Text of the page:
Selected Poems of Fanny Howe: SEL POEMS by Fanny HoweSelected Poems of Fanny Howe: SEL POEMS by Fanny Howe

Selected Poems of Fanny Howe: SEL POEMS

byFanny Howe

Paperback | April 11, 2000

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One of the best and most respected experimental poets in the United States, Fanny Howe has published more than twenty books, mostly with small presses, and this publication of her selected poems is a major event.

Howe's theme is the exile of the spirit in this world and the painfully exciting, tiny margin in which movement out of exile is imaginable and perhaps possible. Her best poems are simultaneously investigations of that possibility and protests against the difficulty of salvation.

Boston is the setting of some of the early poems, and Ireland, the birthplace of Howe's mother, is the home of O'Clock, a spiritually piquant series of short poems included in Selected Poems.

The metaphysics and the physics of this world play off each other in these poems, and there is a toughness to Howe's unique, fertile nervousness of spirit. Her spare style makes a nest for the soul:



Zero built a nest

in my navel. Incurable

Longing. Blood too—



From violent actions

It's a nest belonging to one

But zero uses it

And its pleasure is its own



—from The Quietist
Fanny Howe is Professor of Writing and Literature at the University of California, San Diego. She is the author of more than twenty books of fiction and poetry (most recently, One Crossed Out, 1997).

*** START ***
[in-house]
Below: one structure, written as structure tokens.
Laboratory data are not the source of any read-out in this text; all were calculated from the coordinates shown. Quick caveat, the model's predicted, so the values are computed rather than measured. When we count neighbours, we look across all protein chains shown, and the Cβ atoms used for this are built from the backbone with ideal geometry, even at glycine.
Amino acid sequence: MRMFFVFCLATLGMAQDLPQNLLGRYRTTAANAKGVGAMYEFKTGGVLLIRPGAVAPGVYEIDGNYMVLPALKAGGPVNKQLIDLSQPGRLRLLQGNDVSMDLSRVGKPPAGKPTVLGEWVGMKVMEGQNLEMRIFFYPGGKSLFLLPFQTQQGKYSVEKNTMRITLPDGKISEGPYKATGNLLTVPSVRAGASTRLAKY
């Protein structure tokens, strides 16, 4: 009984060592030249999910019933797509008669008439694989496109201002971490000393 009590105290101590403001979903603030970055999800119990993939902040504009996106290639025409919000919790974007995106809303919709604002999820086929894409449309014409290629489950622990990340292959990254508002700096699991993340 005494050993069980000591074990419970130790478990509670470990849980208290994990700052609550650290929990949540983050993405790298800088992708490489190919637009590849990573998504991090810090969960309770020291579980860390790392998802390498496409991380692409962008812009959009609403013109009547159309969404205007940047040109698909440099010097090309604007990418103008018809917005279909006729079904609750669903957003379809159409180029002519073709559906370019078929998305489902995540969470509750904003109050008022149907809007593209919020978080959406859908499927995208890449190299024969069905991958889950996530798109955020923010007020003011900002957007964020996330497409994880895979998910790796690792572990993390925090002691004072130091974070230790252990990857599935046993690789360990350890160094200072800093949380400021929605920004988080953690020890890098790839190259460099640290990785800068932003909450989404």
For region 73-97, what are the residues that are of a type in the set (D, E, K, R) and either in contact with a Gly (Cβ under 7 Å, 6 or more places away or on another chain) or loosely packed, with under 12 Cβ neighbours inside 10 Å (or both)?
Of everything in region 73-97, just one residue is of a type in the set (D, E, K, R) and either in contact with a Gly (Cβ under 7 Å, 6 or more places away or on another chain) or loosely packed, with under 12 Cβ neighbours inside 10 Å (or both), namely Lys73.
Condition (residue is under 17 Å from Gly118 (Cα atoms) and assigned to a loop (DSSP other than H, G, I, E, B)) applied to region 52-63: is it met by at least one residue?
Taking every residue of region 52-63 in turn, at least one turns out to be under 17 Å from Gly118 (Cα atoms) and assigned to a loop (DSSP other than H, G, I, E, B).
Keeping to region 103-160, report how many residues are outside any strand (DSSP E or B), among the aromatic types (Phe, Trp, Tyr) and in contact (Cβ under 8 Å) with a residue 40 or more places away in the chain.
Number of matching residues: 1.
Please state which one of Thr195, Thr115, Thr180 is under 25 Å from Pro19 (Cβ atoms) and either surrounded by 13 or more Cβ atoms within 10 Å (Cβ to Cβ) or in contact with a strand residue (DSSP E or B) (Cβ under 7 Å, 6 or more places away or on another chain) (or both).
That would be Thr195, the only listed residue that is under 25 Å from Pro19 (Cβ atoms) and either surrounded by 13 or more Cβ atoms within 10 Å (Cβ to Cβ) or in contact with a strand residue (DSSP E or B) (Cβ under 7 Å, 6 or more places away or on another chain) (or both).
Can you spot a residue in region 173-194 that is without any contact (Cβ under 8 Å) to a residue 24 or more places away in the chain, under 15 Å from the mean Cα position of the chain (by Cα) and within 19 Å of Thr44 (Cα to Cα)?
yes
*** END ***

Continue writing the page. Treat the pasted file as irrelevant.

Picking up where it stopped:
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Title:Selected Poems of Fanny Howe: SEL POEMSFormat:PaperbackDimensions:213 pages, 8.25 × 5.5 × 0.63 inPublished:April 11, 2000Publisher:University of California PressLanguage:English

The following ISBNs are associated with this title:

ISBN - 10:0520222636

ISBN - 13:9780520222632

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Editorial Reviews

"This beautifully designed and produced book is the third in a series called New California Poetry from the University of California Press. On the dust jacket, one person compares Fanny Howe to Emily Dickinson, a comparison all too easily invoked for writings by women. But in this case, there is justification."--"The Nation, on winning the prestigious Lenore Marshall Poetry Prize